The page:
Translated, this means that three major competitors to Google in the business of crawler-based, algorithmic search of a whole web index have been swallowed up by larger companies in the past couple of months. Inktomi became part of Yahoo for approximately $235 million, AltaVista sold to Overture for approximately $140 million, and now, part of FAST joins Overture as well for up to $100 million depending on future incentive payments.

Google's other competitor, Teoma, was also acquired last year, by publicly-traded Ask Jeeves, which is still hanging on profitably but which also seems now more than ever to be an acquisition target.

We have to feel vindicated. In reviewing the search space just over a month ago, Traffick saw limited differentiation and appeal in the offerings of the also-rans, opining that AltaVista was "yesterday's search engine" and that "it would be better for AV to scatter its ashes and make way for a regrowth of something fresh and hot." We gave a lukewarm response to FAST's positioning as "#3, supplying search results to the #4 portal," with the bright side being that "custom work for the enterprise sector is a nice honest living." FAST will continue to do business in the enterprise sector - which, surprise, suprise, was generating 75% of the firm's revenues - after selling off its Internet divisions.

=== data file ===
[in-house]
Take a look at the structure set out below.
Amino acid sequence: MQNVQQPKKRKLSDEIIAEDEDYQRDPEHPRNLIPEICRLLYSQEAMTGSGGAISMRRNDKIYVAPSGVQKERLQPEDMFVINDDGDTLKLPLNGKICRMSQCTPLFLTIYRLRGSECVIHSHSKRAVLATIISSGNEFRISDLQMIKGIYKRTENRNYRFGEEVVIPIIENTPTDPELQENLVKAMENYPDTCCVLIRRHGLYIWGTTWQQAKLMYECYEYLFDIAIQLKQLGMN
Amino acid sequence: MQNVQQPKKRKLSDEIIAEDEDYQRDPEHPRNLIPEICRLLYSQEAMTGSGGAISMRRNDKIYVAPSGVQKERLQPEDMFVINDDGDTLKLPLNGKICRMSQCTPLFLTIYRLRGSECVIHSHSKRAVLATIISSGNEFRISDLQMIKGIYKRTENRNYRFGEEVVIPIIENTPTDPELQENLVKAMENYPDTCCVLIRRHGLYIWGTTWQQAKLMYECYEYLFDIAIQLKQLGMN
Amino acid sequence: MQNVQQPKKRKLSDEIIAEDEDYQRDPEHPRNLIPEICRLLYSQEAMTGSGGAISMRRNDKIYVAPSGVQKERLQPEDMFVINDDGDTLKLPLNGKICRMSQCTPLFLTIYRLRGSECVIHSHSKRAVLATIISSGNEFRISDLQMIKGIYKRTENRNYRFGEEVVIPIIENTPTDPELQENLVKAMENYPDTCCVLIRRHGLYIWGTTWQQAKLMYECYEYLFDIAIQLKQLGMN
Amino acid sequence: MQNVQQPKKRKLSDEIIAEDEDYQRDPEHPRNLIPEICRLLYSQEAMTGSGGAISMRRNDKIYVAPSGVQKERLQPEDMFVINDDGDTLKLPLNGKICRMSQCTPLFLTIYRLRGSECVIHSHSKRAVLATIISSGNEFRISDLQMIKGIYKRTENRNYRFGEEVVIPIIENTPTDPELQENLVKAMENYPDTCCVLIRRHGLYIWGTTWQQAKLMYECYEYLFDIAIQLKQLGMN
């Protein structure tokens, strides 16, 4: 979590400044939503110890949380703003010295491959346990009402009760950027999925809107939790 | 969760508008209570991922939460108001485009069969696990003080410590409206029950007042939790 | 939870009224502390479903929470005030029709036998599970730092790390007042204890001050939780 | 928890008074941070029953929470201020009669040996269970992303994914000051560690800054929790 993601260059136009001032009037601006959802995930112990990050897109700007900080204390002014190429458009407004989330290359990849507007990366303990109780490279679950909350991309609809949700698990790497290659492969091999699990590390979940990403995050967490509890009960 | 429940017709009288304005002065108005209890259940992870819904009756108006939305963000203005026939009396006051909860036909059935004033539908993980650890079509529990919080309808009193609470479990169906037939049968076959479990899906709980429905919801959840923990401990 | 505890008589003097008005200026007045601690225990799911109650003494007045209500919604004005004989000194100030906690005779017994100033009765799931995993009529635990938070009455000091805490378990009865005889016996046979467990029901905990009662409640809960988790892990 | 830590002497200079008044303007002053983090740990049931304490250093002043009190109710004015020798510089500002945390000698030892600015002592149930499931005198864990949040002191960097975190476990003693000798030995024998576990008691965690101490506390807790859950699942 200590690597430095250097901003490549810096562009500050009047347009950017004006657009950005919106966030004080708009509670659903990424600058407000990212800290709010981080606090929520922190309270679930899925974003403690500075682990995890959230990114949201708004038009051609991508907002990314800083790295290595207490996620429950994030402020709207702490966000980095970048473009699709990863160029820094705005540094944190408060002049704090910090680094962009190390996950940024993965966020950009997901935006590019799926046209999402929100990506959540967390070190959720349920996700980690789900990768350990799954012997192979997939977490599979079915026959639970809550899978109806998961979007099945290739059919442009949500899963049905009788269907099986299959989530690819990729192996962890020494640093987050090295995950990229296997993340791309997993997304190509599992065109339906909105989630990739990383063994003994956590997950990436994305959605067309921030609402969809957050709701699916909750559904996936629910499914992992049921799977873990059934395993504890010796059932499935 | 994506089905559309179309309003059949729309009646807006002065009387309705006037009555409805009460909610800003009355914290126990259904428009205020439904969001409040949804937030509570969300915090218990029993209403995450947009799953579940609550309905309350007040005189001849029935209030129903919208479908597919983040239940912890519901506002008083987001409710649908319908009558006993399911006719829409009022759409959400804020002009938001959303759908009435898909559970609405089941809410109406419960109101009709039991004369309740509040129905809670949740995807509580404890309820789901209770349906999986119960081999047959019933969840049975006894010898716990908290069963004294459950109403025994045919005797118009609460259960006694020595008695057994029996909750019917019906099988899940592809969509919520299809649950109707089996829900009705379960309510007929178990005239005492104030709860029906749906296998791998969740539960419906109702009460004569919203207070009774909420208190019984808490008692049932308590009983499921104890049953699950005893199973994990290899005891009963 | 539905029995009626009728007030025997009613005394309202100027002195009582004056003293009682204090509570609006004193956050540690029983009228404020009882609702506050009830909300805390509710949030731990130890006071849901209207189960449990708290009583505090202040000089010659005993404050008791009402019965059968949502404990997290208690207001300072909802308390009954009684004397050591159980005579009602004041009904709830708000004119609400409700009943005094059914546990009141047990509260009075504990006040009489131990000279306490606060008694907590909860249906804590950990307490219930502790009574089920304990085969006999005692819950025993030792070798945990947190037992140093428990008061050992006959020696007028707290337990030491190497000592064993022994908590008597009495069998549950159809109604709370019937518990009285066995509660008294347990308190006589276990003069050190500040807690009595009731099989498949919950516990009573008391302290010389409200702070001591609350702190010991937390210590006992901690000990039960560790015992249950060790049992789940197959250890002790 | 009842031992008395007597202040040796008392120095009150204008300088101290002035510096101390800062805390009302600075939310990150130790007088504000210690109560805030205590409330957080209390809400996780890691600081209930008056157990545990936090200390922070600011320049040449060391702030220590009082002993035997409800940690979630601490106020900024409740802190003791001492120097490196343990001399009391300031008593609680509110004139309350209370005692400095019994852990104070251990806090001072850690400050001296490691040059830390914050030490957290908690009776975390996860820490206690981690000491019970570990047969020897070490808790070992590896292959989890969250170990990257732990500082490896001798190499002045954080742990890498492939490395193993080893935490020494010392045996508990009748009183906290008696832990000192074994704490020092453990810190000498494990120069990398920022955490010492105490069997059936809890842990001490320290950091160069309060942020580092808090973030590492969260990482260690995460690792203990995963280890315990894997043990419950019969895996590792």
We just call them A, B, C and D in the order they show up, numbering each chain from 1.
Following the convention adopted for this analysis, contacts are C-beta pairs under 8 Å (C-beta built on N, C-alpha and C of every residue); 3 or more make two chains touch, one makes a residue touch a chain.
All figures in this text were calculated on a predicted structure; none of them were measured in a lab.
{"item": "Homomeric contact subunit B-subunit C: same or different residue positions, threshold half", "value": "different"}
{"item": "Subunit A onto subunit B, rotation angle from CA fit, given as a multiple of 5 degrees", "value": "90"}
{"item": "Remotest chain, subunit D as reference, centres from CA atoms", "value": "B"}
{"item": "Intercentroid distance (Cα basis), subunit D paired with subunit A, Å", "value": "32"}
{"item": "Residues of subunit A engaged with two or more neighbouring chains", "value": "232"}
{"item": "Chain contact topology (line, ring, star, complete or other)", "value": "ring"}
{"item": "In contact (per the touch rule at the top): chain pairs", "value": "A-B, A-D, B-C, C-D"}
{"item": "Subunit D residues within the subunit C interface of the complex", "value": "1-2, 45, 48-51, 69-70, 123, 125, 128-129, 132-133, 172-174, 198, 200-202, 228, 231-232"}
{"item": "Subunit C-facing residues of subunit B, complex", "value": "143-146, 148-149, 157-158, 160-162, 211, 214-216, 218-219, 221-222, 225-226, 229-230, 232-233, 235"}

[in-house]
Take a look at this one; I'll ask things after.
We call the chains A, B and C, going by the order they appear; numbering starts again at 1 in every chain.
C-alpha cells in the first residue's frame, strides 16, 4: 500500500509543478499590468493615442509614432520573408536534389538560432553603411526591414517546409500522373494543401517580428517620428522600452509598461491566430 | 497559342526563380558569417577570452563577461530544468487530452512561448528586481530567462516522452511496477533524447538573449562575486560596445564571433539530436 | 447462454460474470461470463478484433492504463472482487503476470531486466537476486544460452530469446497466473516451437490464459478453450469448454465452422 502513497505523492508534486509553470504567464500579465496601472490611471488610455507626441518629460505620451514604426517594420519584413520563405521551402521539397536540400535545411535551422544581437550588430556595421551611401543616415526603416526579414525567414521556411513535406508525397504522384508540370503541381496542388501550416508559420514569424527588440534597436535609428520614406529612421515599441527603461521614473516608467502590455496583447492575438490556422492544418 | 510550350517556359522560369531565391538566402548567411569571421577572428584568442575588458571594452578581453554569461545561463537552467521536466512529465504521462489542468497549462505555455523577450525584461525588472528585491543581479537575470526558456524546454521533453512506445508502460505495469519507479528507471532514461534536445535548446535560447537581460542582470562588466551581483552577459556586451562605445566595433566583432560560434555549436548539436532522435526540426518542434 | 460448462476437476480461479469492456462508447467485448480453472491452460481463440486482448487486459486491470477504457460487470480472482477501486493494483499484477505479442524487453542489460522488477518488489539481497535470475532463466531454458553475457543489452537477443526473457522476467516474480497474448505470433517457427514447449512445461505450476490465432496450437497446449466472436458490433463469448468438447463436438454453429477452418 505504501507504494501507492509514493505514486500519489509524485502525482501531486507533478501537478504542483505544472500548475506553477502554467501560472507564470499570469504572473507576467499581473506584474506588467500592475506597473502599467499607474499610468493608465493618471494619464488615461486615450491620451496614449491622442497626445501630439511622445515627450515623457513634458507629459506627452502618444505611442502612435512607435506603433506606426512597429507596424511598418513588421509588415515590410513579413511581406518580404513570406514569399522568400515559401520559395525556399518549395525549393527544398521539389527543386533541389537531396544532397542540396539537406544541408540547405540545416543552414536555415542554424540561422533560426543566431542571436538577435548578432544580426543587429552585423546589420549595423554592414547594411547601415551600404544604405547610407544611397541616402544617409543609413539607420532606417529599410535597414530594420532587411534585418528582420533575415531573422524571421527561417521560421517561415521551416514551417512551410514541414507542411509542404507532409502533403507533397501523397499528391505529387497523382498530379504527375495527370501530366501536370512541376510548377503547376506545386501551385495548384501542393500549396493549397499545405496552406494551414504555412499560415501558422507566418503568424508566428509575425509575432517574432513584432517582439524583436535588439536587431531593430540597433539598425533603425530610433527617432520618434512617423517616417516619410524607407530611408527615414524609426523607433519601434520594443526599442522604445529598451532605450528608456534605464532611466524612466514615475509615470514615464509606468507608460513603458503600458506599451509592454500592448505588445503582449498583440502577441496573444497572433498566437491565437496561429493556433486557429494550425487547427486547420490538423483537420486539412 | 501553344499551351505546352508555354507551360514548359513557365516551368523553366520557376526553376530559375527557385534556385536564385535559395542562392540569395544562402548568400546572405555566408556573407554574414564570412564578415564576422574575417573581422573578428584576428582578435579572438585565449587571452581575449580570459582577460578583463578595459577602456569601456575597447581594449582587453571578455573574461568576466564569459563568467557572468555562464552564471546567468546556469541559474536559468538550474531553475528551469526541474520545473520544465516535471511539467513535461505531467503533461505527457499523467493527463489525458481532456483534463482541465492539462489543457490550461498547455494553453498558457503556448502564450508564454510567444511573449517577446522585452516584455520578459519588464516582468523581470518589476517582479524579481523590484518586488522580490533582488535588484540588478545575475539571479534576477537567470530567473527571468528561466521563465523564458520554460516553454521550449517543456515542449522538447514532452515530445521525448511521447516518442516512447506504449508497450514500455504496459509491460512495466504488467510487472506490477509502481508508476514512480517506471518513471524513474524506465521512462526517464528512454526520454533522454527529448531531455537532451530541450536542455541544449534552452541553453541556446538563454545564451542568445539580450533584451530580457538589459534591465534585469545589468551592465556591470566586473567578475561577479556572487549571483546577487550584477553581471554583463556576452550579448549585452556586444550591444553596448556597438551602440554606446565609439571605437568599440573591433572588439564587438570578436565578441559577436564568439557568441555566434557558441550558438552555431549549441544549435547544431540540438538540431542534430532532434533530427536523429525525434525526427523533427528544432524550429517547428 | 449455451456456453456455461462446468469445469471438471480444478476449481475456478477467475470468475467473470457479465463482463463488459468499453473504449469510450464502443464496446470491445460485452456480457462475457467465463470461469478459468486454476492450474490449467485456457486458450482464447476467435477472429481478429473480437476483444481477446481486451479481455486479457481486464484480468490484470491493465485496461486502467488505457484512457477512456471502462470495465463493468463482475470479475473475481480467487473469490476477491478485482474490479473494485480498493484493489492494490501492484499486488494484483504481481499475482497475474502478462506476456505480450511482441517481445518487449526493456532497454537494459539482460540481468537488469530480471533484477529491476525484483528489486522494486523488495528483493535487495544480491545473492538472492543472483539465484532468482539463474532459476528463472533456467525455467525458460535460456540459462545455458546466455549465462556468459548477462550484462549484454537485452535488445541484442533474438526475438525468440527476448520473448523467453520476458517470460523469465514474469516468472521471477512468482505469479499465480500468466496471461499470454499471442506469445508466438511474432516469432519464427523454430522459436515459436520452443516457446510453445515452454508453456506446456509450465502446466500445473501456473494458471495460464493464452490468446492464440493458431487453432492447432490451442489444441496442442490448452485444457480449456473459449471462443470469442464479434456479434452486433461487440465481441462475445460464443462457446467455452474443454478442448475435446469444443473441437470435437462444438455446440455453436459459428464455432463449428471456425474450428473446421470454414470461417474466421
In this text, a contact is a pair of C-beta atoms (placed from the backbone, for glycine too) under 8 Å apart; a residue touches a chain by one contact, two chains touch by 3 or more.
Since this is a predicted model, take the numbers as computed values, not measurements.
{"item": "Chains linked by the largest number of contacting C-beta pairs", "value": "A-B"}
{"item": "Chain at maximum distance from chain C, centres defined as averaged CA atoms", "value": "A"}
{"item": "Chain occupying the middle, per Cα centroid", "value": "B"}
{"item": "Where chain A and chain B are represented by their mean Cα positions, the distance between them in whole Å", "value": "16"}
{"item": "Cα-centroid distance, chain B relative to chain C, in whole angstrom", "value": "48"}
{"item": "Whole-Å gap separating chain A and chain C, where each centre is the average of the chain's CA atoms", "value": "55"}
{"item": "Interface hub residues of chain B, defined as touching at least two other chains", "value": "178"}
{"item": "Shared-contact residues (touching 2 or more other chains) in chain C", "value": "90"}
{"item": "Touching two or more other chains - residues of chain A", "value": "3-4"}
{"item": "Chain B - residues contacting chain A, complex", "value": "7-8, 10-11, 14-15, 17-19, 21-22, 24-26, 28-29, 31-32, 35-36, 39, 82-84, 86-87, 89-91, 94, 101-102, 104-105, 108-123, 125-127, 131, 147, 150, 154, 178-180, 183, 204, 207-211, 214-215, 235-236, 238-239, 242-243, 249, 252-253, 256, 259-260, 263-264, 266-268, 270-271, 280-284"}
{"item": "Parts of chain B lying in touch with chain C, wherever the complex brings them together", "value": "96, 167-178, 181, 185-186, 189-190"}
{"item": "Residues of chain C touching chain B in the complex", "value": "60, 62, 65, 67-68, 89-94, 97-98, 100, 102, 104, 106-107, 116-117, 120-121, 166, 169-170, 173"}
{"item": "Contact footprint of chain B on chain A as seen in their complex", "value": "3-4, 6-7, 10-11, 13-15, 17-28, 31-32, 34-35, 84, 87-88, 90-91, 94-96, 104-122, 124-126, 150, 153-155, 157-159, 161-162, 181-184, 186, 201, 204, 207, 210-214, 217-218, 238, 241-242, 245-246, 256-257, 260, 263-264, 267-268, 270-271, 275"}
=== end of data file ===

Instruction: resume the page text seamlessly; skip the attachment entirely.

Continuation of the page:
It's tough to sort out who wins and who loses here. Long term, consumers lose different sources of innovation, and must trust in the almighty powers of Google. Metasearchers will have fewer and fewer independent, unpaid indexes to include in their metasearches.

Short term, Overture shareholders suffer, since Overture's acquisitions, intended to keep them even with Google in the race for advertising dollars, will no doubt entail integration headaches and accounting ambiguity (not a good thing in today's market environment).

It's a wash for Google, I think. The demise of their competitors is something that already happened, and this is merely post facto recognition of that reality.

Perhaps the biggest winners are advertisers. Consolidation of some me-too search and paid inclusion offerings under the aegis of Yahoo and Overture will make it easier on advertisers and marketing consultants. They'll deal more and more with the big guys: Overture, Google, and Yahoo

So who are the up-and-comers in the search space? Given the current powerful dynamic, a better question is probably "who are the up-and-comers or lingering threats in the pay-per-click search space?" LookSmart, Search123, Business.com, and FindWhat will all make their share of noise in the coming year - and numerous niche players and some also-rans will try to get noticed in a business increasingly dominated by the big two.

The Big Two - in terms of brokering keyword-targeted online advertiser dollars - are without question Google and Overture. They are two very different companies, but clearly, neither is going away anytime soon.

Posted by Andrew
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Monday, February 24, 2003

Mmmmmm....bursty

Is it just me, or is this guy really smart?

Apparently, his latest research could aid in organizing our email as well as improving search engines.

Dr. Kleinberg, please don't stop!

Posted by Andrew
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View Archived Posts

 

Speaking Engagement

See Andrew Goodman speak at ClickZ Live New York

Need Solid Advice?        

Google AdWords book


Andrew's book, Winning Results With Google AdWords, (McGraw-Hill, 2nd ed.), is still helping tens of thousands of advertisers cut through the noise and set a solid course for campaign ROI.

And for a glowing review of the pioneering 1st ed. of the book, check out this review, by none other than Google's Matt Cutts.